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What About Your Mental Health?

Updated: May 8, 2021

I am grateful there is a movement to bring mental health out of the shadows. I'm also thankful that people with influence lend their voices and share their stories about their mental health. I see many people openly talking about their relationships with their therapists. The march forward to destigmatize and promote mental health is growing. Hopefully, the stigma associated with mental health will continue its gradual decline. These efforts to reduce stigma can transform the lives of people living with mental health disorders.

In retrospect, I knew many people who struggled with depression or had symptoms of depression. I'm not sure they realized they were depressed or if they would even acknowledge being depressed. Many of these individuals were everything to everybody but not much to themselves. Now that I am thinking about it, with good intentions, they were helping others. Still, it was almost like they were trying to fill a void that existed within themselves. They were the resident gurus that had all the answers to many questions. They found answers in situations that appeared hopeless.

These individuals had the right words in what seemed like every moment. They always smiled at the right time, and their generosity was legendary. One would be hard-pressed to find anyone who would speak ill of these individuals. Despite the progress made with people openly acknowledging their mental health struggles, it is still difficult to discuss. The stigma around mental health is well documented, and the reasons people do not access care. In this post, I will provide information on one of the most commonly diagnosed mental illness. It is essential to distinguish between mental illness and mental health.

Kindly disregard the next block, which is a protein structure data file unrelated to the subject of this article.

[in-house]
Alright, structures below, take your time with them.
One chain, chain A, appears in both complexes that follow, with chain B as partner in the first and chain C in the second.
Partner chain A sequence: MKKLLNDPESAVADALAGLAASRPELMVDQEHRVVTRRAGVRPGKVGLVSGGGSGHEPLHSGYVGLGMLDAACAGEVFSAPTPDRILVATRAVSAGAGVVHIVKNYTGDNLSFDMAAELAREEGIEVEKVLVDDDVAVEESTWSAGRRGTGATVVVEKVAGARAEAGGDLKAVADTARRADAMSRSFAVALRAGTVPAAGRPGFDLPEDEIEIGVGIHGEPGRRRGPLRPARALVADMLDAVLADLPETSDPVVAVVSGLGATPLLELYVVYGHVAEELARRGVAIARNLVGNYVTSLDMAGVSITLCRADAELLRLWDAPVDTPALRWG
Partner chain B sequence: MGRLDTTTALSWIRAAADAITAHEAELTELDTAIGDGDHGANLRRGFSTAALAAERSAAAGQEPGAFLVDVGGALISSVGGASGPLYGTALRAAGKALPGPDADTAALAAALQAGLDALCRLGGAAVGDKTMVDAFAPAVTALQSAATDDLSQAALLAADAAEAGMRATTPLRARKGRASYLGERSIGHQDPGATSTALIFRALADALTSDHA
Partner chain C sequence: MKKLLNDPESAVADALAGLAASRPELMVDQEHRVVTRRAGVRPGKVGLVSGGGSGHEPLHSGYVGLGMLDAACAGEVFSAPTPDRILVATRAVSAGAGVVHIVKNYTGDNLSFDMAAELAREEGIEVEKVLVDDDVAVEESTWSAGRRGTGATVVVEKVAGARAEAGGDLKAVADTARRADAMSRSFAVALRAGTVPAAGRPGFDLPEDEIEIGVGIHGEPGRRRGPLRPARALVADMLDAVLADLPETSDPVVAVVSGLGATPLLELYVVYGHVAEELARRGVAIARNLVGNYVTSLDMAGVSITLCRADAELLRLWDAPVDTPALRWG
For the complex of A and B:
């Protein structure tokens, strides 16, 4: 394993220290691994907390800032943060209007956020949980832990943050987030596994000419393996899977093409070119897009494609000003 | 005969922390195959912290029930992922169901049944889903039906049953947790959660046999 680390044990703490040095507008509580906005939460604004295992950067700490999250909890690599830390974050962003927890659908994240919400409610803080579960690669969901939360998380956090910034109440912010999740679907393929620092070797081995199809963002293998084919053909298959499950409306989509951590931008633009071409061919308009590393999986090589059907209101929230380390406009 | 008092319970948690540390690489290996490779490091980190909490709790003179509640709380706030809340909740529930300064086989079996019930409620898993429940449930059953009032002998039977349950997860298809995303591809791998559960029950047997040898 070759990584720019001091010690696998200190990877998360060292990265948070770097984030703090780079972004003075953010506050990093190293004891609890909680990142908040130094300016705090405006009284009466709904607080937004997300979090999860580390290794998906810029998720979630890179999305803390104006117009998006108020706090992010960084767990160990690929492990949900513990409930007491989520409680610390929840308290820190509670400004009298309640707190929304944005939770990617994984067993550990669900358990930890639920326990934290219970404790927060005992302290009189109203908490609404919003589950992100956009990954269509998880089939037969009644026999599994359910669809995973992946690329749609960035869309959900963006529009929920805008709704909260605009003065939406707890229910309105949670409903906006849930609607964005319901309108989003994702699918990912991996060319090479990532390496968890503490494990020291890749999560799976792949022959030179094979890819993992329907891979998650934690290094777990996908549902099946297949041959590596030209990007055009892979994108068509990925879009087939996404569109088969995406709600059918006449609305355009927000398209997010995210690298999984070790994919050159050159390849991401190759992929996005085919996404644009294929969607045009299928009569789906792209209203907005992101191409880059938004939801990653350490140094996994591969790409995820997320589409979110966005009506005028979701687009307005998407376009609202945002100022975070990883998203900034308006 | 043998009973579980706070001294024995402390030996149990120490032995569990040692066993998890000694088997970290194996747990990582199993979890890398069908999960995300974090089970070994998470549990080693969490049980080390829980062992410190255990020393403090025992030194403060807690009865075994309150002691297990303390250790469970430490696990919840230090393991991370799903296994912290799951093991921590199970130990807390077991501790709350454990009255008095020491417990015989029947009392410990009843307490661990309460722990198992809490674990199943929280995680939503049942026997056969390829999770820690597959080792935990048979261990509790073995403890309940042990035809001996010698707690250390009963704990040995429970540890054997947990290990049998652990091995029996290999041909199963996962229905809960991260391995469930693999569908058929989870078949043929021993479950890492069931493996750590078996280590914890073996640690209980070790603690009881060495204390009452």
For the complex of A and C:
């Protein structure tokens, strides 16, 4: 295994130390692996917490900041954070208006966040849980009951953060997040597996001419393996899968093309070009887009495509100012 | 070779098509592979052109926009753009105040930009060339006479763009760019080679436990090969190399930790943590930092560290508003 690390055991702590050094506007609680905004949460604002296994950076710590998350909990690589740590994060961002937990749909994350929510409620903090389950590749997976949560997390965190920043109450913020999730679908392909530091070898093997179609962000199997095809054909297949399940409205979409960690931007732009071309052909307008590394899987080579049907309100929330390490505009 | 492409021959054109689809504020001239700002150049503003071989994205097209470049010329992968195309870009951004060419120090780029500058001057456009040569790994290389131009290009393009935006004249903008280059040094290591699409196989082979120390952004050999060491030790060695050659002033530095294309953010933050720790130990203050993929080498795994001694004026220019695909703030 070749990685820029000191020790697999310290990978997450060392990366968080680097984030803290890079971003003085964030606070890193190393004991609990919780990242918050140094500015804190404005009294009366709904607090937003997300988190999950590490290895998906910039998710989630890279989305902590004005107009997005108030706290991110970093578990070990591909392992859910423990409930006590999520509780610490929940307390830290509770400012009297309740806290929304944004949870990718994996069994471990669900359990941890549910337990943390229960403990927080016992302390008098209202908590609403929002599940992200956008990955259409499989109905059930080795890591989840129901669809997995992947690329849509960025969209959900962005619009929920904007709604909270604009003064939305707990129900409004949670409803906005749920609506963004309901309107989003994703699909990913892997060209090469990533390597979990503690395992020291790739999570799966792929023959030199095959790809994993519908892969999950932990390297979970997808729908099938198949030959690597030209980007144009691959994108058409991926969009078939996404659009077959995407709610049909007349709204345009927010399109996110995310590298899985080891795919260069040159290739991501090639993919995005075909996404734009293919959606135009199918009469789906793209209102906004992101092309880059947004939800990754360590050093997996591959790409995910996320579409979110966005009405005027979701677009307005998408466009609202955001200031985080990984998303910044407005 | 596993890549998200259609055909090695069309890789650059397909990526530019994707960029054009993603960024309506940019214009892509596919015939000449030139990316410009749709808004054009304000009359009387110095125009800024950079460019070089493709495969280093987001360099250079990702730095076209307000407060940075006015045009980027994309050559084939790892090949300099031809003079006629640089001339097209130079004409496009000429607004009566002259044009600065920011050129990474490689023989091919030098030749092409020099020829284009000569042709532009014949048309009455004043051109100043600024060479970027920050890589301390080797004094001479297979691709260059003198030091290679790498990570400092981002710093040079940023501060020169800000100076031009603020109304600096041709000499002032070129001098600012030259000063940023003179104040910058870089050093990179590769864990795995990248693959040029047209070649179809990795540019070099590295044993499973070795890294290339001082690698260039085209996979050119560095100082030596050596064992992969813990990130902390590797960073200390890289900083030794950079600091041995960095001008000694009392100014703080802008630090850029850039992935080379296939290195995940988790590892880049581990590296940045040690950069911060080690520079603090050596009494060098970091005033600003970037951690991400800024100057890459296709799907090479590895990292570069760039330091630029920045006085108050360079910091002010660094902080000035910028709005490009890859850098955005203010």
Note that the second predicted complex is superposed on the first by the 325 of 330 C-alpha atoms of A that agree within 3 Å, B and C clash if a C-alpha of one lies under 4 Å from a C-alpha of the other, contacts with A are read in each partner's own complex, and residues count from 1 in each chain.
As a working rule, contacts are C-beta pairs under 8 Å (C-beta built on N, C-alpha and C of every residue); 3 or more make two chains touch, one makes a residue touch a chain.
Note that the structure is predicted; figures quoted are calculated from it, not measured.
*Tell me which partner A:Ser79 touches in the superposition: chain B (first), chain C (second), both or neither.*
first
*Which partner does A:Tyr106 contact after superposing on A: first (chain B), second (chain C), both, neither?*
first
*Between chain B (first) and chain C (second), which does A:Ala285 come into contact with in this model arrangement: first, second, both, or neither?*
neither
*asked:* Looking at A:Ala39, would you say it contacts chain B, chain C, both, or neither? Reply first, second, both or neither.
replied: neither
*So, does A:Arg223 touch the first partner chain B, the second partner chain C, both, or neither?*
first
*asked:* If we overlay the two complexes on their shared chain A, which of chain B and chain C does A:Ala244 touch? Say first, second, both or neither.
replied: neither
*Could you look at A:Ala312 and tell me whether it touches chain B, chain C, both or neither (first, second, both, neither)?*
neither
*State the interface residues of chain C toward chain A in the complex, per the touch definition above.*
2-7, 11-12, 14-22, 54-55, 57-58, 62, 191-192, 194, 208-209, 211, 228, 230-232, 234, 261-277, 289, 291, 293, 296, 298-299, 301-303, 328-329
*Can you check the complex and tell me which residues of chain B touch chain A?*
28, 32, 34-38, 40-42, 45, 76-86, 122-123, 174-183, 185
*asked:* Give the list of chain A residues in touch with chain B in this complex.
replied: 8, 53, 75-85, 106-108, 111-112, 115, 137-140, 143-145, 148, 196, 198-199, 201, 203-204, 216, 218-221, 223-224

Mental Illness and Mental Health

The American Psychiatric Association (APA) provides a description of mental illness and mental health:

"Mental Illness refers collectively to all diagnosable mental disorders - health conditions involving

  • significant changes in thinking, emotion, and/or behavior.

  • Distress and/or problems functioning in social, work, or family activities

Mental Health - involves effective functioning in daily activities resulting in

  • Productive activities (work, school, caregiving)

  • healthy relationships

  • Ability to adapt to change and cope with adversity."

According to data published by the Centers for Disease Control (CDC), in 2019, 19.2% of American adults accessed mental health services in the previous 12 months. Another 15.8% were prescribed and took prescription medication for their mental health. 9.5% received assistance from a mental health professional. The CDC also reported that women were more likely to seek care for their mental health. Where are the men, you might ask? They are suffering in silence. Encourage the men in your lives to seek support if they appear depressed. Even if they claim you are nagging.

In 2001, the World Health Organization (WHO) reported 1 in 4 people worldwide will be affected by a "mental or neurological disorder" during their lives. WHO also said, depressive disorders were the 4th ranked cause of disease and disability worldwide. They projected that by 2020, depressive illnesses will become the second-highest ranked cause of illness and disability behind heart disease.